Sen. Richard Blumenthal (D-Conn.) wants the Justice Department to open an investigation into the impact of the expiration of the Comcast-NBCU deal conditions in September of next year, including whether Justice should try to break up the company, and in the interim to extend the expiration date of the conditions. Comcast says there is no credible basis for extending the conditions, much less breaking up the company.
That came in a letter to antitrust chief Makan Delrahim.
Blumenthal said Justice may want to consider breaking up the company to "fully protect competition," and cited DOJ's suit to block the AT&T-Time Warner merger. He said that suit signaled the department has come to recognize the advantage of structural remedies over behavior remedies."
Actually, Delrahim had signaled that was the case before the suit was filed,
Blumenthal said the principles DOJ invoked to justify the suit--the incentive and ability to favor or discriminate against content--similarly justify an investigation of Comcast-NBCU.
“There is no credible basis to pursue an extension or modification of the consent decree or conditions," said Comcast SVP government communications Sena Fitzmaurice. "For nearly seven years, Comcast has met or exceeded all of the commitments and obligations under the NBCUniversal transaction."
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"We have filed six annual compliance reports with the FCC setting forth in detail our exemplary compliance track record, none of which has been challenged or objected to by the Commission or any third parties, including by any member of Congress. The DOJ, which has received substantial information about our compliance with the consent decree, has never pursued any enforcement action against us. All of the market segments in which we do business are more robust and more competitive now than they were before our NBCUniversal transaction, including the explosive growth of online video distributors, which Comcast-NBCUniversal has significantly fostered through hundreds of OVD content licenses, substantial broadband investment and expansion, and inclusion of OVDs like Netflix, You Tube, and Sling TV on our innovative X1 platform.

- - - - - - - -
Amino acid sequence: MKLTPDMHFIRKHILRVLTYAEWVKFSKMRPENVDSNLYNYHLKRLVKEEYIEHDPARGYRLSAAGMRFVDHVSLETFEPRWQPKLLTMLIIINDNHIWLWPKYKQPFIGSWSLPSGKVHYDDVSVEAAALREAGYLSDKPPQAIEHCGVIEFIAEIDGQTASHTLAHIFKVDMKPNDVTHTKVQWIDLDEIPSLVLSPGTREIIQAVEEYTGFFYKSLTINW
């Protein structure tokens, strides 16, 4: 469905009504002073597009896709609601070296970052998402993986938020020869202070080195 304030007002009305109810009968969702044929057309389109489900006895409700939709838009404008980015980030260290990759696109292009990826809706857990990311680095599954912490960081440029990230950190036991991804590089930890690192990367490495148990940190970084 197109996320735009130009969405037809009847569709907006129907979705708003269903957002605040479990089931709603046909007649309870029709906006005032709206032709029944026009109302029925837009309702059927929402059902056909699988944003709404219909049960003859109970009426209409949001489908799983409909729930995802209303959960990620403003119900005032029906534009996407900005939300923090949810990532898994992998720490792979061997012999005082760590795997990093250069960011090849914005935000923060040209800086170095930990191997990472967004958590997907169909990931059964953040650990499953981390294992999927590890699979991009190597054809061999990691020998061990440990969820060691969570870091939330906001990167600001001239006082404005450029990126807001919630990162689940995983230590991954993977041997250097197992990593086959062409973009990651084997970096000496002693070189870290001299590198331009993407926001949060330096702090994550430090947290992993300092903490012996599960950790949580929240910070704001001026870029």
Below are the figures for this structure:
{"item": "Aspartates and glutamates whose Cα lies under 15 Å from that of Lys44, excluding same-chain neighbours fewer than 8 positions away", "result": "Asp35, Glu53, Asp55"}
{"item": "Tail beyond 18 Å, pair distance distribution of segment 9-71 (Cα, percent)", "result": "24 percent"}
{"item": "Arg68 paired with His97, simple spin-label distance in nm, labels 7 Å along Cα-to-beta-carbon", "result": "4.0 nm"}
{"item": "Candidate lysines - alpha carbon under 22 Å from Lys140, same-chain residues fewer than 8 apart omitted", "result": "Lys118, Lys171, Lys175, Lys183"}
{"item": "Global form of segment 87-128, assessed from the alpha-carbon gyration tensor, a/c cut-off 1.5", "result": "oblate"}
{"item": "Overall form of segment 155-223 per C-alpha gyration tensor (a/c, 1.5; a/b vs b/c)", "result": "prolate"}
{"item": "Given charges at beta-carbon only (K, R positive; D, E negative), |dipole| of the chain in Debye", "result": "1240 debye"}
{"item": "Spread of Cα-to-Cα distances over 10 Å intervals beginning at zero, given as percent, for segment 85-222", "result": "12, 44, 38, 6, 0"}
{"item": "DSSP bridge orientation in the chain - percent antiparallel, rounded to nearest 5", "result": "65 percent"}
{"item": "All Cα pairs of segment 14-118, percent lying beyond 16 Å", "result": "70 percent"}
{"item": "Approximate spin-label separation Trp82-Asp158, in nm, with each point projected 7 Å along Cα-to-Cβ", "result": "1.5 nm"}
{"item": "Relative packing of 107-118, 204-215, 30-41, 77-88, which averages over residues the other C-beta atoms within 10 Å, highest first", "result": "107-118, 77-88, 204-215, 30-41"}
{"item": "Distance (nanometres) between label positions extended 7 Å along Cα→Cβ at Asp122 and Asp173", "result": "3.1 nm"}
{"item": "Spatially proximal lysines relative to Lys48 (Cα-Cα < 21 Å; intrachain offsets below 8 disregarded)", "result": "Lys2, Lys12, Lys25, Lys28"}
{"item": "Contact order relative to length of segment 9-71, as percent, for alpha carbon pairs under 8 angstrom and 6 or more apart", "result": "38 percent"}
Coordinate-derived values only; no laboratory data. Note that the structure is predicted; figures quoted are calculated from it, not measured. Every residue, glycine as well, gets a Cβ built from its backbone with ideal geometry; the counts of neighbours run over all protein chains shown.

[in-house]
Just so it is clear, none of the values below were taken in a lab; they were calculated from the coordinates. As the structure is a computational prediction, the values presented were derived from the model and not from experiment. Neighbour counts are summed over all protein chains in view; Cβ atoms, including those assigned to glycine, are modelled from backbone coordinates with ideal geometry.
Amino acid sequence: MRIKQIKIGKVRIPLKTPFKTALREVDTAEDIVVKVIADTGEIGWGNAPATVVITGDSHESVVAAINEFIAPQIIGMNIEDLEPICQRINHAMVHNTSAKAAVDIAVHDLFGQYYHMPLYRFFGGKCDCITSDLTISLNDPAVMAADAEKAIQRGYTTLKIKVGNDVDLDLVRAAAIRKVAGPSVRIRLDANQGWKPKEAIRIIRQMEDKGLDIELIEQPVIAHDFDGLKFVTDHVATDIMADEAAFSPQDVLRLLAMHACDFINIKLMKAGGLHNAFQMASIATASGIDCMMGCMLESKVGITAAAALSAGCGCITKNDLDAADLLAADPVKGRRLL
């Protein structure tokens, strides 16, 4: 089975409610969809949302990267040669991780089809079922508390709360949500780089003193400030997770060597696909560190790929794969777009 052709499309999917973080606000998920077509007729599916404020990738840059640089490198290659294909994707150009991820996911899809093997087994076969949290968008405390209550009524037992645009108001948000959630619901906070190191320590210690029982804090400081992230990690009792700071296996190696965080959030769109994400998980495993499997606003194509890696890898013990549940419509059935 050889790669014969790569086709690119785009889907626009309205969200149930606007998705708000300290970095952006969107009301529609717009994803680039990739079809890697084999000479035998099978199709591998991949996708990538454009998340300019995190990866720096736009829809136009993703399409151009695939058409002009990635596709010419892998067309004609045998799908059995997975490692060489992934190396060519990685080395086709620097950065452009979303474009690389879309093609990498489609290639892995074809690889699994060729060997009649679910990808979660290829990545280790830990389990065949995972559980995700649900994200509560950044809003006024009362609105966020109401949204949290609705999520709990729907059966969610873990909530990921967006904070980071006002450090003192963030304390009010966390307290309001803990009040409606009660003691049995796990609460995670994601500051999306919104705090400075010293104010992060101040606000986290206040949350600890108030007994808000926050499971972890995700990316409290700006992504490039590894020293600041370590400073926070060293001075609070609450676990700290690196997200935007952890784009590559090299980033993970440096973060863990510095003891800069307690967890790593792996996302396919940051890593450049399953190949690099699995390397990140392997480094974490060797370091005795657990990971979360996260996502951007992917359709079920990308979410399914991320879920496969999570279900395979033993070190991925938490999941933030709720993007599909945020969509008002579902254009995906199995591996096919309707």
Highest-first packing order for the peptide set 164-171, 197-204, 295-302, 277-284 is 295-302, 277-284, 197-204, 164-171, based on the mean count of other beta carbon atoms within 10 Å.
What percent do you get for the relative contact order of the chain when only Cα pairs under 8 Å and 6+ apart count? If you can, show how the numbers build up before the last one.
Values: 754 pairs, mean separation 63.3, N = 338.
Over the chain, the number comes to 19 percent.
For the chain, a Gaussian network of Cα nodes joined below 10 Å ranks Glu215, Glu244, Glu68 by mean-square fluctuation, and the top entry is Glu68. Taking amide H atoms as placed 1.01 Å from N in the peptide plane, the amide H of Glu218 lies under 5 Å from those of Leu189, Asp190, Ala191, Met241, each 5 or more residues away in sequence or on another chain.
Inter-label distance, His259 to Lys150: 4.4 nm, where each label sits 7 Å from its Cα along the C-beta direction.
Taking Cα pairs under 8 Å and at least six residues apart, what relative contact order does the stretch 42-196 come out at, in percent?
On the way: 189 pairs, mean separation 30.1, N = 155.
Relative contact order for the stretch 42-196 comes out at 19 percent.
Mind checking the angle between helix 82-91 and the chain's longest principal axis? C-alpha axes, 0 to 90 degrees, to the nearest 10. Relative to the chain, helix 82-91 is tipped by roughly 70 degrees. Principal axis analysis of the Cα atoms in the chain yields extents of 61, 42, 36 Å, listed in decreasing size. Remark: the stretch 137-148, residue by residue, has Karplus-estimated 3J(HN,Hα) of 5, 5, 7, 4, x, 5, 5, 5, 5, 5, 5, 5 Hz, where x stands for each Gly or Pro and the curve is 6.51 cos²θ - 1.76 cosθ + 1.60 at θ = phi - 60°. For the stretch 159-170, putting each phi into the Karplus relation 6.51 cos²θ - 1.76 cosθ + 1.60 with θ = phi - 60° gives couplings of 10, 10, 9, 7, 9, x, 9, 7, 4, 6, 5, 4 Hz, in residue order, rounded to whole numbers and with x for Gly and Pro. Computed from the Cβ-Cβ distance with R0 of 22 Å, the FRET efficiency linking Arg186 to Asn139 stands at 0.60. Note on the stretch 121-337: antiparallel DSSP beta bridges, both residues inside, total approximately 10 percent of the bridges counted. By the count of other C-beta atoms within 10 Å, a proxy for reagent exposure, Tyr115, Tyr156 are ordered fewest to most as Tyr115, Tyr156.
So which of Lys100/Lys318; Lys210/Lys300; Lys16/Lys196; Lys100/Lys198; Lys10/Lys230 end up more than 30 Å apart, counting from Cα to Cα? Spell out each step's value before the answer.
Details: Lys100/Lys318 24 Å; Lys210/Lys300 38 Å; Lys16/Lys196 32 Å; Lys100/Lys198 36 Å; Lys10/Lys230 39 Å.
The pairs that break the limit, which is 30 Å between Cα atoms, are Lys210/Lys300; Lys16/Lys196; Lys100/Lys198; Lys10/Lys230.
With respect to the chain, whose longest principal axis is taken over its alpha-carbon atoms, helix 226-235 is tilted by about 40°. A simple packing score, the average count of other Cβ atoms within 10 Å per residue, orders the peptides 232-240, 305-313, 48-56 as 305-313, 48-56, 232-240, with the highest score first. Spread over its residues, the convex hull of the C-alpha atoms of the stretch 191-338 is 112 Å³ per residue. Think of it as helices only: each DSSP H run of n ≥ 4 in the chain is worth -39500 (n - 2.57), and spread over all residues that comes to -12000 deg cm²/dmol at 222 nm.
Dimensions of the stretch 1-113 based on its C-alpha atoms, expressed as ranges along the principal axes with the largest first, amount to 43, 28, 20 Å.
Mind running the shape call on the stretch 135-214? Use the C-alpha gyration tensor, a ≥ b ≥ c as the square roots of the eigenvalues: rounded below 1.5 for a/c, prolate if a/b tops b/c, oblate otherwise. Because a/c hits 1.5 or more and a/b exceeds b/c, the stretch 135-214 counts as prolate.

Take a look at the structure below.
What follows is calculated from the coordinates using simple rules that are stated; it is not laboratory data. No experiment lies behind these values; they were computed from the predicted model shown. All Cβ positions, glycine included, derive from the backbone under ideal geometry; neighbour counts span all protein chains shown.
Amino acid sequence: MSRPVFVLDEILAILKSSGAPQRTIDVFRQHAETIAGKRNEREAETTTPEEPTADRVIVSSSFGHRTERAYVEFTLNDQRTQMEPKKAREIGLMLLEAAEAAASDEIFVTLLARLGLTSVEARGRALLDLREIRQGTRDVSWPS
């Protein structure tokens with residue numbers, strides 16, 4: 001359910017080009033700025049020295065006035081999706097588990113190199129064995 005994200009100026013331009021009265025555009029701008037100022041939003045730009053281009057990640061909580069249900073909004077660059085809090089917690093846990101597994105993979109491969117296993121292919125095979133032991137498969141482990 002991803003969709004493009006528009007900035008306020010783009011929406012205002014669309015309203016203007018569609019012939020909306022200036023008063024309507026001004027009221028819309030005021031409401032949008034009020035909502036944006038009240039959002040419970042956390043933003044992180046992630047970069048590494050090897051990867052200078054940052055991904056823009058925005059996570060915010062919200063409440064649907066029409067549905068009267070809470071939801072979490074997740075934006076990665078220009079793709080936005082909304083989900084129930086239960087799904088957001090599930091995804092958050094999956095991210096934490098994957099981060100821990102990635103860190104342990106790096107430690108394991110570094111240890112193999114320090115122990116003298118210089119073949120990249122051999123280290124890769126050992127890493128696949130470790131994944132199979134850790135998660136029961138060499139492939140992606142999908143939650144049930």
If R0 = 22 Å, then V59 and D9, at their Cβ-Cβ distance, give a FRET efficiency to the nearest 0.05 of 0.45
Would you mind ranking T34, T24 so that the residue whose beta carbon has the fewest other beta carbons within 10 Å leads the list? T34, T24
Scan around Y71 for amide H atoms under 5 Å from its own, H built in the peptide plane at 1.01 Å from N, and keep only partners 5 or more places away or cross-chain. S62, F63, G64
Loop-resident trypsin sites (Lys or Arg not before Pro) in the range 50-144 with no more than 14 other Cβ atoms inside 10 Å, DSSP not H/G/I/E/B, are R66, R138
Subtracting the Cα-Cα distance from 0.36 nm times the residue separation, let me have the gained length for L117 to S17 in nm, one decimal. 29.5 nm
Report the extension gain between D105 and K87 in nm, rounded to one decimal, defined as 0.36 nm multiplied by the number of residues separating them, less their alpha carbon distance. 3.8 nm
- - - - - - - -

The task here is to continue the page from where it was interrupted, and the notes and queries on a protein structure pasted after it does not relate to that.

“We have reached dozens of content deals with MVPDs without loss of programming to consumers. In fact, the arbitration mechanism created in the FCC order has been used by only one MVPD over seven years.There is simply no precedent and no need for the conditions to be extended or modified, or our transaction revisited.”
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Contributing editor John Eggerton has been an editor and/or writer on media regulation, legislation and policy for over four decades, including covering the FCC, FTC, Congress, the major media trade associations, and the federal courts. In addition to Multichannel News and Broadcasting + Cable, his work has appeared in Radio World, TV Technology, TV Fax, This Week in Consumer Electronics, Variety and the Encyclopedia Britannica.